If a user is familiar with Google’s interface, switching to Bing would require a lot of cognitive effort. Even if Bing’s technology and features were superior, adapting to its interface would take time for new users who have just migrated from Google.
As a result, Google has such a stranglehold on the search engine market and Bing is the subject of widespread internet memes.
So in order to create a product that’s used frequently by your customers, you need to master the art of habit-forming product design, which incorporates the Hook Model.
2. Habits are good for business
Habits are great for the bottom line of companies that are able to harness the power of habits in an effective way.
In the book, before diving into the mechanics of habit formation, Eyal helps us understand the importance and benefits of habits from a business perspective.
Here are some of the ways in which habits are good for business:
1. Habits increase Customer Lifetime Value (CLTV)
Customer lifetime value (CLTV) is a metric that indicates the total worth of a customer to a business over the period of their relationship. Put differently, CLTV is the amount of money you make from a customer before he/she switches to a competitor.
Habits increase how long and how frequently customers use a product, resulting in higher CLTV.
2. Habits provide pricing flexibility
Habits give companies greater flexibility to increase prices. Eyal provides the examples of Candy Crush and Evernote to illustrate this point. Both these apps follow a “freemium” model.
In the case of Candy Crush, some of the users who’ve been playing the mobile game for free end up being paid customers, netting the company millions of dollars.
Similarly, loyal Evernote users typically upgrade to the paid version to use advanced features like calendar integration, increased note size, and more.
3. Habits supercharge growth
Users who are hooked to a particular product are more likely to tell their friends about it. In other words, they become brand evangelists, bringing in new users at no cost.
To elaborate on this, Eyal provides the example of Facebook which beat established social media platforms like MySpace and Friendster because of higher user engagement despite being late to the social networking game.
4. Habits sharpen the competitive edge
As the saying goes, “old habits die hard.” For new entrants to stand a chance against existing solutions, they need to build products that are not just marginally better, but substantially better and superior in every way.
Which is why user habits can be such a potent competitive advantage.
When you combine these four benefits, it’s easy to see why habits are good for business and why it’s worth investing your time and resources to build habit-forming products.
3. Successful companies understand users’ triggers
Successful companies have a deep understanding of users’ internal and external triggers. To demonstrate this, Eyal attributes a large component of Instagram’s success to the company’s ability to understand its users’ triggers.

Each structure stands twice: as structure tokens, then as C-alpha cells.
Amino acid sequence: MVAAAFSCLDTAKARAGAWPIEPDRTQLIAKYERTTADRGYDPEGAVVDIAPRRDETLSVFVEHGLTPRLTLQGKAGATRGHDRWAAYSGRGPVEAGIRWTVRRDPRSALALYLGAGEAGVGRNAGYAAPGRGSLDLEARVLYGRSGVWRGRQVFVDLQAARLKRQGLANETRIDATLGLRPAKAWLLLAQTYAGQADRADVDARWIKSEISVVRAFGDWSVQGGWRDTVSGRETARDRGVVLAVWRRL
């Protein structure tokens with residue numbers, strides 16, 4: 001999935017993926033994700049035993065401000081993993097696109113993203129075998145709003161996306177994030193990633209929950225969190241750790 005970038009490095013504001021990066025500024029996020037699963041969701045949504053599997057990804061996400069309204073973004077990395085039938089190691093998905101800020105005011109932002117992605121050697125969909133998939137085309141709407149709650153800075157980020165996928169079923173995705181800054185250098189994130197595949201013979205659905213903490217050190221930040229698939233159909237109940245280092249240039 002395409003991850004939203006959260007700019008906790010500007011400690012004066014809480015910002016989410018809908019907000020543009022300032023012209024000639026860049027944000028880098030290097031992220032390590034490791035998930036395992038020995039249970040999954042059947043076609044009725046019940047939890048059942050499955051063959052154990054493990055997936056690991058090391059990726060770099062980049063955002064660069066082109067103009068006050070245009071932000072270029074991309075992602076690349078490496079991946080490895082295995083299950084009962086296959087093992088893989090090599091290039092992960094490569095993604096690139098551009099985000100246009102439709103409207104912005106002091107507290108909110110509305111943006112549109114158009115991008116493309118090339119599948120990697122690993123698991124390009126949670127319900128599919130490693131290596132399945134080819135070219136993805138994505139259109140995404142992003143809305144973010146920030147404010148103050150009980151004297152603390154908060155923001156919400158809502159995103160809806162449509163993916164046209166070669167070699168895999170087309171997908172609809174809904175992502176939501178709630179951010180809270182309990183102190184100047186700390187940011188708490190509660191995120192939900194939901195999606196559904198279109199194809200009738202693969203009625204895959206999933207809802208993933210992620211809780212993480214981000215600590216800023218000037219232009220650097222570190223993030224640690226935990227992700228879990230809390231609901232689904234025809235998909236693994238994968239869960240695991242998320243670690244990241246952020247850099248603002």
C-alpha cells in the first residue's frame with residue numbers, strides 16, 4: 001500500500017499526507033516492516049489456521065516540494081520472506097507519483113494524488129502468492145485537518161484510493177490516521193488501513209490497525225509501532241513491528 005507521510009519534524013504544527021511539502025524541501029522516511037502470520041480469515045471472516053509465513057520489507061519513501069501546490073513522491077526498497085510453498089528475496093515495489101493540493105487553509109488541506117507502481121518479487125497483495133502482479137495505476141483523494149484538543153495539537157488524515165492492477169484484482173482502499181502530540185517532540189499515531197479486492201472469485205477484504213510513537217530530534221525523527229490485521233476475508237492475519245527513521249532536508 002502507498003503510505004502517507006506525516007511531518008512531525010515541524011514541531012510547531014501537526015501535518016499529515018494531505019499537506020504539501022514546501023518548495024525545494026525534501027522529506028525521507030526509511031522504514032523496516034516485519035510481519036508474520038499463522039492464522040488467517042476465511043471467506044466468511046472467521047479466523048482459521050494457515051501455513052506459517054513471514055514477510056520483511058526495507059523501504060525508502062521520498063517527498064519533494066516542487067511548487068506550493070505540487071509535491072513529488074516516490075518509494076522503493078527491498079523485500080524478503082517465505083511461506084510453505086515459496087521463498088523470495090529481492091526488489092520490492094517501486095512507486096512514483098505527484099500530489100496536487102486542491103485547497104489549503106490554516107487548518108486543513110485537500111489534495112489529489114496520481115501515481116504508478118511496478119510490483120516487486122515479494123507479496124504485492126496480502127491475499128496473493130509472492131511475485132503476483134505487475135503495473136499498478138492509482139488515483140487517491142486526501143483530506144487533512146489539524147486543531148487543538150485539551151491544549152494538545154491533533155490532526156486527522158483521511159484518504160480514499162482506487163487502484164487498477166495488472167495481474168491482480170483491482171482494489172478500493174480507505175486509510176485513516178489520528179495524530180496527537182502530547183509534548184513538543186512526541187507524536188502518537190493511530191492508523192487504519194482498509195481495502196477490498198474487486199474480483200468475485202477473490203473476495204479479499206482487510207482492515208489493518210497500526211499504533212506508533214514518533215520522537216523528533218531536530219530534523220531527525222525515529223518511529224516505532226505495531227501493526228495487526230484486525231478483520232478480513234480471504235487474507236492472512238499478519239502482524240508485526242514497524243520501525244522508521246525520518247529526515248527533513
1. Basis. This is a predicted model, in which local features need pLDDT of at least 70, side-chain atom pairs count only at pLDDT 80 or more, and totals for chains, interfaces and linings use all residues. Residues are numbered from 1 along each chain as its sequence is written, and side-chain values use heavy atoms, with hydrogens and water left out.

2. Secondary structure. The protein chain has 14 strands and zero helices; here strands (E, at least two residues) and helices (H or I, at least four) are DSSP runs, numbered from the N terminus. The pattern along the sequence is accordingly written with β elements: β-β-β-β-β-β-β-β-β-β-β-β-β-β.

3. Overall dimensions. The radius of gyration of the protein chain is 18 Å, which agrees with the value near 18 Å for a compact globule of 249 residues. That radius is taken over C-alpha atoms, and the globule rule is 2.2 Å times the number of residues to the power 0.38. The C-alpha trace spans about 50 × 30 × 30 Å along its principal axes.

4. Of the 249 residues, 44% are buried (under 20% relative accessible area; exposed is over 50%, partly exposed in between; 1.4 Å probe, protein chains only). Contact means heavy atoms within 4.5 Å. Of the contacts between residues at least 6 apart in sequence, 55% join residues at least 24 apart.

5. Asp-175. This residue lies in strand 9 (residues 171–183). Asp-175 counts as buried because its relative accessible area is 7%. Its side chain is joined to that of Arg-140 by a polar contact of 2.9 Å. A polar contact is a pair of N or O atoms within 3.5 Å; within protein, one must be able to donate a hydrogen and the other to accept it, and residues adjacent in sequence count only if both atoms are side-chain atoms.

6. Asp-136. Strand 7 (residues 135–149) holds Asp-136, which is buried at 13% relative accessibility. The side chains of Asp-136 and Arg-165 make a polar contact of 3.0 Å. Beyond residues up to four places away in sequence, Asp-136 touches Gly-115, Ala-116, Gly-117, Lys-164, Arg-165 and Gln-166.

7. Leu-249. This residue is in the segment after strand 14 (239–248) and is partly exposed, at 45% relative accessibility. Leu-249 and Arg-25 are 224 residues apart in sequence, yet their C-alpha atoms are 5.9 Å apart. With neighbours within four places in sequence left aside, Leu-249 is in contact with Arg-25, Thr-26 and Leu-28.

In the book, Eyal deconstructs Instagram’s triggers and shows us how the app benefits from both internal and external triggers. Most users who are habitually using Instagram start using it because of an external trigger — a recommendation from a friend, media, or bloggers.
But with repeated use of the service, Instagram forms strong internal triggers with the users.
The fear of missing out on capturing a special moment that leads to stress is an internal trigger. It’s this pang of stress that keeps bringing users back to Instagram to share their special moments with their audience.
So in order to create a habit-forming product, you need to understand which user emotions are tied to internal triggers and know how to leverage external triggers to drive the user to action.
4. The importance of heuristics in product design
Heuristics are the mental shortcuts we take to make quick decisions and form opinions. Companies typically use a plethora of heuristics to increase engagement, but Eyal shares four of the most important heuristics in the book:
1. The Scarcity Heuristic
In this scenario, the appearance of scarcity affects the perceived value of a product or service. Scarcity, or perceived scarcity, of a product may discreetly signal the popularity of the product. It may also trigger the dreaded fear of missing out (FOMO) feeling.
Brands use scarcity effect all the time. Amazon is perhaps the best example of a company that uses scarcity heuristic to good effect.
How often have you searched for something you wanted to buy on Amazon only to notice the “only X left in stock” warning?
Case in point:
In this case, Amazon is using the scarcity heuristic to influence your buying behavior.
2. The Framing Heuristic
In this scenario, context shapes the perceived value of a product or service.
To illustrate this heuristic in action, Eyal shares the example of world-class violinist Joshua Bell’s popular social experiment. Typically, a ticket to Bell’s concert costs hundreds of dollars. Venues like Kennedy Center and Carnagie Hall are packed with his fans.
But when Bell played his violin for free in a busy subway station, very few people stopped to listen to his music.
You can check out the experiment here:
This is the framing heuristic in action. It doesn’t just influence our behavior, but it also changes how our brain perceives pleasure.
3. The Anchoring Heuristic
In this scenario, people often anchor to one piece of information when making a decision.
If you’ve ever walked into a clothing store with a signage of “Up to 50% off” or “Buy one, get one free”, you’ve been exposed to the anchoring heuristic.
In this scenario, even if we stumble upon better, less expensive (yet not discounted) products in the same store, we may end up buying products which are on sale because we have been influenced by the anchor of “50% off”.
4. The Endowed Progress Heuristic
This is a phenomenon that increases motivation as people believe they are nearing a goal.